December 7, 2006Foreign AffairsSecurity

Conditions for reducing force levels in the Kashmir region

Troop redeployments can only follow an overall political settlement

This is an archived blog post from The Acorn.

Demilitarisation figures in almost every Bold Musharraf Formula for Kashmir. Unsurprisingly, it turned up in Indian drawing rooms last week when he put forth his latest four-point formula, to, well, an Indian television interviewer.

In its analysis of Musharraf’s latest episode of telepacifism, the Hindustan Times repeats a popular sentiment.

Mr Musharraf wants the region to be demilitarised. This would be great, provided the shadow of terrorism is first removed. It is not enough to say that violence and infiltration have come down. Terrorist violence works according to the principle of a single gun being able to change the political dynamics of a region. [HT]

Putting an end to cross-border terrorism, of course, is a necessary condition for demilitarisation. But it is not sufficient.

That is because the deployment of the Indian armed forces in and around the Kashmir region is linked to the overall military balance along the India-Pakistan border. Pakistan is forced to match Indian deployments with its own. This means costs. It also means that Pakistan will have so many less number of troops and military assets to deploy along other sectors of the India-Pakistan border, and indeed, in other theatres in Pakistan (Balochistan, NWFP, Northern Areas) or along the Durand line marking the disputed border with Afghanistan. It is for this reason that every Pakistani general demands that India pull troops back from the Jammu & Kashmir region.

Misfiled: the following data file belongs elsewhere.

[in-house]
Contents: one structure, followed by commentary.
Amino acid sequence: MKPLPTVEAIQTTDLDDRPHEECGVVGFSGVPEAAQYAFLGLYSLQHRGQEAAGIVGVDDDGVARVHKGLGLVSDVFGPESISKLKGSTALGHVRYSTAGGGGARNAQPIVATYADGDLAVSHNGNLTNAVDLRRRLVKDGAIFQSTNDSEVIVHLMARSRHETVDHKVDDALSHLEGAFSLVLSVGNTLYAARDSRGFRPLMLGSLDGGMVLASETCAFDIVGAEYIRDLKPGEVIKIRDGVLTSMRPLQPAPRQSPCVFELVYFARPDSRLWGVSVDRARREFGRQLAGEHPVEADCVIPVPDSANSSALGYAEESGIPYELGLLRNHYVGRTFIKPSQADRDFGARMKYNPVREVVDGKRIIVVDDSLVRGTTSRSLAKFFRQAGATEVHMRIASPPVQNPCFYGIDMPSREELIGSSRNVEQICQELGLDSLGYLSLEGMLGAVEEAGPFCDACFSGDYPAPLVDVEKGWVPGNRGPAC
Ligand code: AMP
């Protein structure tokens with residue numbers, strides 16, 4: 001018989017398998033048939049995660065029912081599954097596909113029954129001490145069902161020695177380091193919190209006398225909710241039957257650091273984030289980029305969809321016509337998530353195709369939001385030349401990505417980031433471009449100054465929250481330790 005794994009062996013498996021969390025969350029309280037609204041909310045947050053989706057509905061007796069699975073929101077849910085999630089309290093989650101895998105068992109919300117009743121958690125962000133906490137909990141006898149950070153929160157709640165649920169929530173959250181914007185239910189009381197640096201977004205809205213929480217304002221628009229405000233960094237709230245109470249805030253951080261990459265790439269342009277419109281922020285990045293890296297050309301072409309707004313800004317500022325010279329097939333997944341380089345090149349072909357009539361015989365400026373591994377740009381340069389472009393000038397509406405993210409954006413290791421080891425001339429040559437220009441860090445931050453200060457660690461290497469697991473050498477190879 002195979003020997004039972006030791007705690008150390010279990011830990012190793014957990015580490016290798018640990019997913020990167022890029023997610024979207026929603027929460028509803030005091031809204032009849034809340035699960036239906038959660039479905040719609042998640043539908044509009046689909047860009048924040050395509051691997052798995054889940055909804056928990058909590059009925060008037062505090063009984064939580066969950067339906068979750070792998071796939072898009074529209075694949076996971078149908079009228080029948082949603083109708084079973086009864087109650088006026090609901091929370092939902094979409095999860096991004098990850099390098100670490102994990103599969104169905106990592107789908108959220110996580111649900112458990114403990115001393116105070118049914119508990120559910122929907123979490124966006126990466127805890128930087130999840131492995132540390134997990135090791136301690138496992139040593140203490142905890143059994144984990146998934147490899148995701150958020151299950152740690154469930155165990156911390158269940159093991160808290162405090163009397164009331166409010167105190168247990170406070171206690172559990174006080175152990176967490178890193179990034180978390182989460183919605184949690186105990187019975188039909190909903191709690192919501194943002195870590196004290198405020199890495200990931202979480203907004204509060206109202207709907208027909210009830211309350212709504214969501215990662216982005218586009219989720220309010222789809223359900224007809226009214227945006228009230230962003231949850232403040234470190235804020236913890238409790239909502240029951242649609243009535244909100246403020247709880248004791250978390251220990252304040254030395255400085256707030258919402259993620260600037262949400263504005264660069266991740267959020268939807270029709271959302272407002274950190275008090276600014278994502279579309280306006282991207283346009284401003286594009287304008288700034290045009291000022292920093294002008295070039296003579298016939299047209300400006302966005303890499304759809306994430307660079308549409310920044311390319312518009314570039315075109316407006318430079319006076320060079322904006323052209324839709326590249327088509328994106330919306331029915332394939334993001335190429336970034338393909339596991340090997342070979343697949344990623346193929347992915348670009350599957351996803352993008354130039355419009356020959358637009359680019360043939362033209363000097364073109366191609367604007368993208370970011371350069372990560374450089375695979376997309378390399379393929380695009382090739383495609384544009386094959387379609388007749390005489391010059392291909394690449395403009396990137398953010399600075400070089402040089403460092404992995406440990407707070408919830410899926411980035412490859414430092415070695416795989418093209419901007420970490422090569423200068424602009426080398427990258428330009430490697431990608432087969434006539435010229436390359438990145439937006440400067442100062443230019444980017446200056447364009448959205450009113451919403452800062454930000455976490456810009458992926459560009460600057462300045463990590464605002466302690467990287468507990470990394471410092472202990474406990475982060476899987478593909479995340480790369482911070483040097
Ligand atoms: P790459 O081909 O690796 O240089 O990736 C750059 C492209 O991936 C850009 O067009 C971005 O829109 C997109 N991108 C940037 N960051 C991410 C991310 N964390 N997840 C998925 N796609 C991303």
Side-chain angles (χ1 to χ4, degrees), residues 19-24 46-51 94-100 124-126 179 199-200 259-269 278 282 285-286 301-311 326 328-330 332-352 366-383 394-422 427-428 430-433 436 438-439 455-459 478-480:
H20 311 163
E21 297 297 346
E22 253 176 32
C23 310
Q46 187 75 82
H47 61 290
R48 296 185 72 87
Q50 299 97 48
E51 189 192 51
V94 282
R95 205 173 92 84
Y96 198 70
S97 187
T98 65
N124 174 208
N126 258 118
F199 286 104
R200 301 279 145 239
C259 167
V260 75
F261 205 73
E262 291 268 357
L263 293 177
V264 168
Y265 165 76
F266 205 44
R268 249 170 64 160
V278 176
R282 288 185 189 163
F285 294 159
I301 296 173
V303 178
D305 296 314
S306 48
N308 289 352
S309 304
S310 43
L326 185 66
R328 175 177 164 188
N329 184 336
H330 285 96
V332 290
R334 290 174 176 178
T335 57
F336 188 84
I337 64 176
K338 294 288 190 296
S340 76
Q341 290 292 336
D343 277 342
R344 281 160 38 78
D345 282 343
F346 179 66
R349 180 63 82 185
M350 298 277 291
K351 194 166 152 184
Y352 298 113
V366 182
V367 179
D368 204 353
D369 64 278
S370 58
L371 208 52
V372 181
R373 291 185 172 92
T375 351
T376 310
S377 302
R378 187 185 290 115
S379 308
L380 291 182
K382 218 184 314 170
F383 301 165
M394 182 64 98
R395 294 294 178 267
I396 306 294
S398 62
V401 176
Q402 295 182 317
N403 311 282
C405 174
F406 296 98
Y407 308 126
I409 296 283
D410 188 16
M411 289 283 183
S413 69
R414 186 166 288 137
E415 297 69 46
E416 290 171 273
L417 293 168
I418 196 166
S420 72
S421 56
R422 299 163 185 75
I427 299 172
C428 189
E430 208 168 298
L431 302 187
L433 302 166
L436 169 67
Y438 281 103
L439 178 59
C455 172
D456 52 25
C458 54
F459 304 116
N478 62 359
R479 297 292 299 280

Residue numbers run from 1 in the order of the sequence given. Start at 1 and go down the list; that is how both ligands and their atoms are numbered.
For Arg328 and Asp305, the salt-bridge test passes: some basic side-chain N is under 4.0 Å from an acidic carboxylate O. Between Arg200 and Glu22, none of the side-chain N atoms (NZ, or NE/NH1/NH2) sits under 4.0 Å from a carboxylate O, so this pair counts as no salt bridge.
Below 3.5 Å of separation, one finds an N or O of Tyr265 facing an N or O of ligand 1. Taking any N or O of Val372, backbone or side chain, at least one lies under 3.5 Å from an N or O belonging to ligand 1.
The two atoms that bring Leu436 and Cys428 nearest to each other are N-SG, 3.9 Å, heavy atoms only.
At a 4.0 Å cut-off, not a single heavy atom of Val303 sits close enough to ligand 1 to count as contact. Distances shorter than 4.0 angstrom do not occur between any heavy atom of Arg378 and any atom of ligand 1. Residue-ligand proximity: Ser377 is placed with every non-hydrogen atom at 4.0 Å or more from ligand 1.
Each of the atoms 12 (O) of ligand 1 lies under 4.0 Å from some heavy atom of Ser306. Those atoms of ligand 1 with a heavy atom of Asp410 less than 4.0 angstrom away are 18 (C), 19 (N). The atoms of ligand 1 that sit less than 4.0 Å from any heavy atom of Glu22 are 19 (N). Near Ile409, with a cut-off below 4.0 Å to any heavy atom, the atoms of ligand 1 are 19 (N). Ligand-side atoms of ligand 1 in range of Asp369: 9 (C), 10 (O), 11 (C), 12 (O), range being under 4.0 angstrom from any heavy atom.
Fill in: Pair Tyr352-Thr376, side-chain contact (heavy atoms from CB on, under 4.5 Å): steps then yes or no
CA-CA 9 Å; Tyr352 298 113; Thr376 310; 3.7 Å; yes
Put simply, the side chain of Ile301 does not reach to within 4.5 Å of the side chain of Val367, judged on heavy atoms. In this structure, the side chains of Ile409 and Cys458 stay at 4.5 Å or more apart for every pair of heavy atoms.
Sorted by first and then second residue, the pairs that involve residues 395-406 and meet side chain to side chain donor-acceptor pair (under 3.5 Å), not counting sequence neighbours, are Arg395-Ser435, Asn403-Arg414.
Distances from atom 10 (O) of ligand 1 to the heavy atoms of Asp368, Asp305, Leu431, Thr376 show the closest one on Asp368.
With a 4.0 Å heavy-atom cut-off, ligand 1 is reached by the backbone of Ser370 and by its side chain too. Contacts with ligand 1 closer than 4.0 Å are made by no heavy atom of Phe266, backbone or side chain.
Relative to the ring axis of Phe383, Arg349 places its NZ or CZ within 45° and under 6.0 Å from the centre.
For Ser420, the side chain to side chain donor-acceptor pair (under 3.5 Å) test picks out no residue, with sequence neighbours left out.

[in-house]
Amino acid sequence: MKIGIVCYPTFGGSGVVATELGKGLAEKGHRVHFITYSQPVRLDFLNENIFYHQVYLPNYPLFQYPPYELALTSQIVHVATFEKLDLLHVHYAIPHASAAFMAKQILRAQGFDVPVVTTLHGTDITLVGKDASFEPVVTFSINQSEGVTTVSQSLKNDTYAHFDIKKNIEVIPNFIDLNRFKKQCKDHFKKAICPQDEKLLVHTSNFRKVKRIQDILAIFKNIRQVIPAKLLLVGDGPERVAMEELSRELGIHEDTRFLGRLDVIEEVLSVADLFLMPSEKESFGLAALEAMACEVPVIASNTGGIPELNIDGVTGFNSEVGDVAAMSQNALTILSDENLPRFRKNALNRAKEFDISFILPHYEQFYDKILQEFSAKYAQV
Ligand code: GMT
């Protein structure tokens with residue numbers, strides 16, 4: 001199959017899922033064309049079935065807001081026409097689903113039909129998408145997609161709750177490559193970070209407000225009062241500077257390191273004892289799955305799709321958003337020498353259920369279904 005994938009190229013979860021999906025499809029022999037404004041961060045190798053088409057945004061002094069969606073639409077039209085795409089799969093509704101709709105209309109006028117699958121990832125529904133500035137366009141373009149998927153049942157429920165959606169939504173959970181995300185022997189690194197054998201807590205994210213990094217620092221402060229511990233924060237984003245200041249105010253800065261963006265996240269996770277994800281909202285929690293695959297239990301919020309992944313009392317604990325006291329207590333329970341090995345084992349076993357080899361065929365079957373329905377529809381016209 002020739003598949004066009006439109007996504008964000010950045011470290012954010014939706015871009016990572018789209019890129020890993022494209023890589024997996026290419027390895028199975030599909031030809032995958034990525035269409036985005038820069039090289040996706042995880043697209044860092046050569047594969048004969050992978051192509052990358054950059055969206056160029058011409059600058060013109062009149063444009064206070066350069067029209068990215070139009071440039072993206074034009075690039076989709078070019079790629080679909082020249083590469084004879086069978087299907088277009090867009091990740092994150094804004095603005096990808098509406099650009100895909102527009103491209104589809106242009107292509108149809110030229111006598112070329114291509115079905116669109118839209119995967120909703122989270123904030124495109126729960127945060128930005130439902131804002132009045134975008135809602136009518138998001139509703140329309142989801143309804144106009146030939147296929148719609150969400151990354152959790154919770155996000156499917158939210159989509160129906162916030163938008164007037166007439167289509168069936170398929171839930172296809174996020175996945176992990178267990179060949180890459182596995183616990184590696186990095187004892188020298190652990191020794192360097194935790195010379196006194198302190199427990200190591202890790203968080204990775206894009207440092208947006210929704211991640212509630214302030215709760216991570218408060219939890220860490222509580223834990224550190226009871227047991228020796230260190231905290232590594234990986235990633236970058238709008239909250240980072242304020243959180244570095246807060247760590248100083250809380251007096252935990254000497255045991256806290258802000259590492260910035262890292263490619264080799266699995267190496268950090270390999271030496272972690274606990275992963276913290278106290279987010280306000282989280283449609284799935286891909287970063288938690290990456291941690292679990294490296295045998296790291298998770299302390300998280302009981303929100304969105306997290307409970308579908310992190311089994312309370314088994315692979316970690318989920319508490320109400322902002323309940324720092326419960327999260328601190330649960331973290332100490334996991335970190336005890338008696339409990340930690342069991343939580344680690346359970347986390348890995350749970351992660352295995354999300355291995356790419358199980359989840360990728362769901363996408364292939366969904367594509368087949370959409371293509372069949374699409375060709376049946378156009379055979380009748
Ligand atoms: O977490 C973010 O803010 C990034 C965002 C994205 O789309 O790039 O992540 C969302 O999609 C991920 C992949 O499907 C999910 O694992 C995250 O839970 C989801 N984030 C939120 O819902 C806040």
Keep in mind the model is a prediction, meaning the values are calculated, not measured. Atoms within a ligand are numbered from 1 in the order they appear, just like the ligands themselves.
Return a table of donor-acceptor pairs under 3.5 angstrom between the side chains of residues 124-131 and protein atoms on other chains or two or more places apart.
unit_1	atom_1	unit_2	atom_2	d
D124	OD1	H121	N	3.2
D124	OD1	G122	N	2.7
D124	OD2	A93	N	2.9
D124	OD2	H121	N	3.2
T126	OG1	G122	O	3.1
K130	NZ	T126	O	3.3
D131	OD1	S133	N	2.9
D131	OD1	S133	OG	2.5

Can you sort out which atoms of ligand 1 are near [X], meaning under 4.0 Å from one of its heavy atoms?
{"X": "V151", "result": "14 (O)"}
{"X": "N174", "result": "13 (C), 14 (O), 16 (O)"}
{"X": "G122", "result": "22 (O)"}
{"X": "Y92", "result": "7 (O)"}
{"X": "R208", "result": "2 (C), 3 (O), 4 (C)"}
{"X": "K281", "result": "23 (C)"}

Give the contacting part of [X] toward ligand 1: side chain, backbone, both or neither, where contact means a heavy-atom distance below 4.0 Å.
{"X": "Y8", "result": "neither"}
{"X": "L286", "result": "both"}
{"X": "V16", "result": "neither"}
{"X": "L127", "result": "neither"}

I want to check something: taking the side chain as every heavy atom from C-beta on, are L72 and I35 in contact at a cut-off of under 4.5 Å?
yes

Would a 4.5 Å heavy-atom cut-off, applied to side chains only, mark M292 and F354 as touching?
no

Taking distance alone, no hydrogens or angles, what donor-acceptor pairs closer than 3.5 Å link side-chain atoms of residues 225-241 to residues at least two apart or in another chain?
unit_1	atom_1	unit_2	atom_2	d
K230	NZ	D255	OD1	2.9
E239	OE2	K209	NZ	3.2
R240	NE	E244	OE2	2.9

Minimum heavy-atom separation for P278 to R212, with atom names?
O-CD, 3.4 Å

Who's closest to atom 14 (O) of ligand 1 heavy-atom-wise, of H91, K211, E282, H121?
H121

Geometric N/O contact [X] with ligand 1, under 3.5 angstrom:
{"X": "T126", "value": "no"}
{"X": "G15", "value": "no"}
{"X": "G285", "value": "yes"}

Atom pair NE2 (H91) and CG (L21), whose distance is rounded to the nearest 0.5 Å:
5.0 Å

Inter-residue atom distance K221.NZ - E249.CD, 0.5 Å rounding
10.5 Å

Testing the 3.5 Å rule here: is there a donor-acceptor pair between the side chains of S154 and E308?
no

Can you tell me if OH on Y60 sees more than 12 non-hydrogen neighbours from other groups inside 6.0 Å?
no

At the same time Pakistani leaders have demonstrated an unmistakable propensity to occupy positions left vacant by Indian troops—most famously at Kargil in 1999-2000.

Indian troop deployments in the Kashmir region are an important part of the overall defensive posture that constitutes the conventional military balance with Pakistan. Demilitarisation, then, should only be carried out only when the political-strategic environment changes to the extent that it permits India to re-compose the overall balance. The upshot is that demilitarisation can only follow a political settlement that India is confident will hold.

Pakistani generals and Indian peaceniks may convince themselves that the presence of Indian troops in Kashmir prevents the very political settlement from coming about. That is not the case. If Pakistan makes good on its promise to end terrorism and then formally and unconditionally renounces its claims over Jammu & Kashmir (and not with the ifs and buts of Musharraf’s telepacifism), then it will create the conditions for the demilitarisation it seeks.

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